She told me about the spat she found herself in after she started selling her cheese wholesale to other restaurants, some 70 pounds a week alone to Call Your Mother, the (non-vegan) bagel joint in Park View and Capitol Hill. Call Your Mother’s bagels contain honey—which is shunned by some vegans over what they see as the exploitation of bees. “They came for me on Instagram for that one,” Riccio says. “But I put an asterisk on it, saying, ‘Order it with rye!’

“And they still came for me. We keep pointing out, ‘If you’re 100 percent vegan, that’s great. I’m not going to argue with you about honey. But my thought is: You’re ordering [my] cream cheese now because it’s close enough.’ ”

Unapologetic vegan Ran Nussbacher, cofounder of two restaurants called Shouk, is all good with the idea of competing with a carnivore. “Somebody like Spike, who does, yes, generate a lot of revenue from sales of meat but is also spending time making plant-based burgers more accessible is exactly the kind of stuff you love to see,” he says.

Raised on the veggie-forward cooking of his native Israel, Nussbacher came to the US to study at Brown. In 2008, he arrived in Washington to work for Opower, part of a young crew who turned the software firm into one of the area’s hottest tech companies. The firm set out to convince people to lower their energy consumption through gentle prodding, such as usage reports adorned with smiley faces when they consumed less than their neighbors; in 2016 it sold to Oracle for $532 million. Having a front-row seat for a grand experiment in behavioral science helped give Nussbacher the idea for Shouk, a business that might tackle climate change from a different angle.

Ran Nussbacher, a techie-turned-restaurateur who launched the Shouk fast-casual chain, is all about evangelizing for veg-centric cuisine that doesn’t pretend to be meat.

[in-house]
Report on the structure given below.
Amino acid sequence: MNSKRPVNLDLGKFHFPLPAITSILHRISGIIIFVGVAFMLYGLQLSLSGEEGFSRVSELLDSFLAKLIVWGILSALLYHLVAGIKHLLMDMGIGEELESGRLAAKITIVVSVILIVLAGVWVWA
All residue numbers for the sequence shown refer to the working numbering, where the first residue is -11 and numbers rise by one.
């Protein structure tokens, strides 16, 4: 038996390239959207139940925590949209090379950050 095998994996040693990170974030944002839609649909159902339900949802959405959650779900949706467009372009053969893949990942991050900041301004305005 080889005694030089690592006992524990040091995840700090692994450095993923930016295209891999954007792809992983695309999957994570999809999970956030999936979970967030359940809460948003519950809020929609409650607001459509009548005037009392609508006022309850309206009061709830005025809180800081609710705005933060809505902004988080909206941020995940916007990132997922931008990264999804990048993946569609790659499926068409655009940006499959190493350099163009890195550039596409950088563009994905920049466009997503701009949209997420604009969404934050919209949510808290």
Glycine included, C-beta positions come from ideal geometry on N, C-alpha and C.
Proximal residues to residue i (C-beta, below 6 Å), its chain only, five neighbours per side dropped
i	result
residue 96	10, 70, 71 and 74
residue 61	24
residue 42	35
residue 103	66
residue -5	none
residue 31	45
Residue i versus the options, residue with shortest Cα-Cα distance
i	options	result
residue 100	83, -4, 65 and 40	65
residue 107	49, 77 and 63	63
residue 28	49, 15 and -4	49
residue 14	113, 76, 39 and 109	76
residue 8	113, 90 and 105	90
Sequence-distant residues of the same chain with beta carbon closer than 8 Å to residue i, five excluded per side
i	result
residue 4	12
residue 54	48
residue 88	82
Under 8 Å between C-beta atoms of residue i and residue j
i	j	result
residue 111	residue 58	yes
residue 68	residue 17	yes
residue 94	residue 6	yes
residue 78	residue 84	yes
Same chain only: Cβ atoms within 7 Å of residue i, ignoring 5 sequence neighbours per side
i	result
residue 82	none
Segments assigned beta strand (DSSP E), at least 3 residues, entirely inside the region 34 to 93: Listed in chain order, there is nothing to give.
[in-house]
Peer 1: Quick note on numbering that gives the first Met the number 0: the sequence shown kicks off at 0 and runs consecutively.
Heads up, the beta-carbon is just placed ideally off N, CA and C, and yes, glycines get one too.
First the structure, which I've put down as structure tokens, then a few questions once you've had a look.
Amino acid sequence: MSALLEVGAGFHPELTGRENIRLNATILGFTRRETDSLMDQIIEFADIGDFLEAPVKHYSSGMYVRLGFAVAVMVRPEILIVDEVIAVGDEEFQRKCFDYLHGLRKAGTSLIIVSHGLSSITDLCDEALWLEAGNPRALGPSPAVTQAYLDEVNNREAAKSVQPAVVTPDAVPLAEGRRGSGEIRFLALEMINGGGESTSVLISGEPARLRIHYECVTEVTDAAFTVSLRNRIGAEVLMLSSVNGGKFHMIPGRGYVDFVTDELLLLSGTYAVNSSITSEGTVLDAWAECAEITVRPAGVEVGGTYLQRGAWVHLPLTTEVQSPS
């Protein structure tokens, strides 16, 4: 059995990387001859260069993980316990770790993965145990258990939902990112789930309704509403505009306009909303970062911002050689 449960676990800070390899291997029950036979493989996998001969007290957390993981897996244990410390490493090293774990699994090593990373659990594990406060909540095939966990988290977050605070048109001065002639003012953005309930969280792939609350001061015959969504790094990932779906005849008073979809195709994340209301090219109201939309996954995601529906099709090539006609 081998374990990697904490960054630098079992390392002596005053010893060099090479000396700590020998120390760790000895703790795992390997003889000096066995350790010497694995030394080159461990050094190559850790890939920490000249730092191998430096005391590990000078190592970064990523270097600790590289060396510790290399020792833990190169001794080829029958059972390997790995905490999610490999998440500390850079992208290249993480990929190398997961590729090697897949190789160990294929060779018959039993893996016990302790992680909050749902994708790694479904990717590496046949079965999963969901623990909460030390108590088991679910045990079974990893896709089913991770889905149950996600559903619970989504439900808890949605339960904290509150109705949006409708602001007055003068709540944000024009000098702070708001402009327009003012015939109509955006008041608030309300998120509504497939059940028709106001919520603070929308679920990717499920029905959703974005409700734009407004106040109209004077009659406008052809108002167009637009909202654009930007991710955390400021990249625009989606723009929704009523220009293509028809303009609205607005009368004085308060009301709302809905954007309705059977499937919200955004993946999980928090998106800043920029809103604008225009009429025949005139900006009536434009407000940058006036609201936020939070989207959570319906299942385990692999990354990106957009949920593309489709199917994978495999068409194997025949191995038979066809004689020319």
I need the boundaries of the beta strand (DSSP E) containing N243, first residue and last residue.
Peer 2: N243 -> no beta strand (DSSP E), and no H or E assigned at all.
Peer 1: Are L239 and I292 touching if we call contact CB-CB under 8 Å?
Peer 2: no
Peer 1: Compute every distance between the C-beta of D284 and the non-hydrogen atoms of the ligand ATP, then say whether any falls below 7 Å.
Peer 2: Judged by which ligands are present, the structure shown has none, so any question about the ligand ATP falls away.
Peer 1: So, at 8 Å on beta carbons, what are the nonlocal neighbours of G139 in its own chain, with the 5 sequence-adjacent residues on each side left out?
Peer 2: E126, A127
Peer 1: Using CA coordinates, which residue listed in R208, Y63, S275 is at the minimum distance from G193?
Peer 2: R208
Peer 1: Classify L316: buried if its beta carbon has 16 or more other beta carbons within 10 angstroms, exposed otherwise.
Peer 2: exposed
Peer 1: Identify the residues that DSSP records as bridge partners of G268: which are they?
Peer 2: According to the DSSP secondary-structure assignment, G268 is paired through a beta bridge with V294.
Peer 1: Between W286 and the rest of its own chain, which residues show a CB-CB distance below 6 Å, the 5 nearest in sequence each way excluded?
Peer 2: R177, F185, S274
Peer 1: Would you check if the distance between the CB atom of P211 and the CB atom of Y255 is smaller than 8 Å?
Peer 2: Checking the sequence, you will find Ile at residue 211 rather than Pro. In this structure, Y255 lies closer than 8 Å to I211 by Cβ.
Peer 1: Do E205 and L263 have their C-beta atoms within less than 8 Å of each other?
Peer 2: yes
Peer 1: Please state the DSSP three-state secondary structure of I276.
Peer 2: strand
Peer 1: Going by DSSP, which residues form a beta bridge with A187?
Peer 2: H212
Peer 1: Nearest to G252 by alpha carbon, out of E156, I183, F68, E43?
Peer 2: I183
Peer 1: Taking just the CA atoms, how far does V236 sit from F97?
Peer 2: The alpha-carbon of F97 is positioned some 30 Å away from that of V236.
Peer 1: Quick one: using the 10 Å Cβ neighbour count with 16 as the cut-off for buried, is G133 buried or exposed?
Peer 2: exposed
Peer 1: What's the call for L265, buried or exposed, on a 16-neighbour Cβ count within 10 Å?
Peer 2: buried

His partner, Dennis Friedman, is the chef in the venture, while Nussbacher brings the MBA and the change-the-world intensity of early Silicon Valley types. Their first Shouk opened in 2016 on K Street near the convention center, a second in 2018 in the Union Market area of Northeast DC. Unlike other plant-forward spots, nothing about the branding or the aesthetic of Shouk telegraphs the agenda: With its warm woods and weathered-tin counters, it just feels like a cool place to eat. The fare—mushroom shawarma, eggplant patties—is inspired by the street food of Nussbacher’s youth. But honestly, you’d have to study the menu a minute to realize it’s vegan. And that’s by design. “It’s not weird food,” he says. “It’s just great food. There’s no need to label it.”

Which is to say that Nussbacher is all for a Vegan Burger King democratizing plant-based food, but like certain Vegan People, he has a philosophical beef with those who insist that it also resemble or taste like a meat-eater’s dream.

Shouk’s mushroom shawarma: The restaurant isn’t into trying to disguise plant-based food as some meat-lover’s vegan dream.

Shouk’s signature veggie patty contains a dozen ingredients with recognizable names—cauliflower, black beans, oats—cooked separately before being combined. And the patty still looks like cauliflower, black beans, oats. “It’s not trying to hide anything,” Nussbacher says. “We want to connect people to the idea that eating vegetables in their natural form can be delightful. An important part of this shift is to reconnect people to actual vegetables, to actual plants, not just food tech.”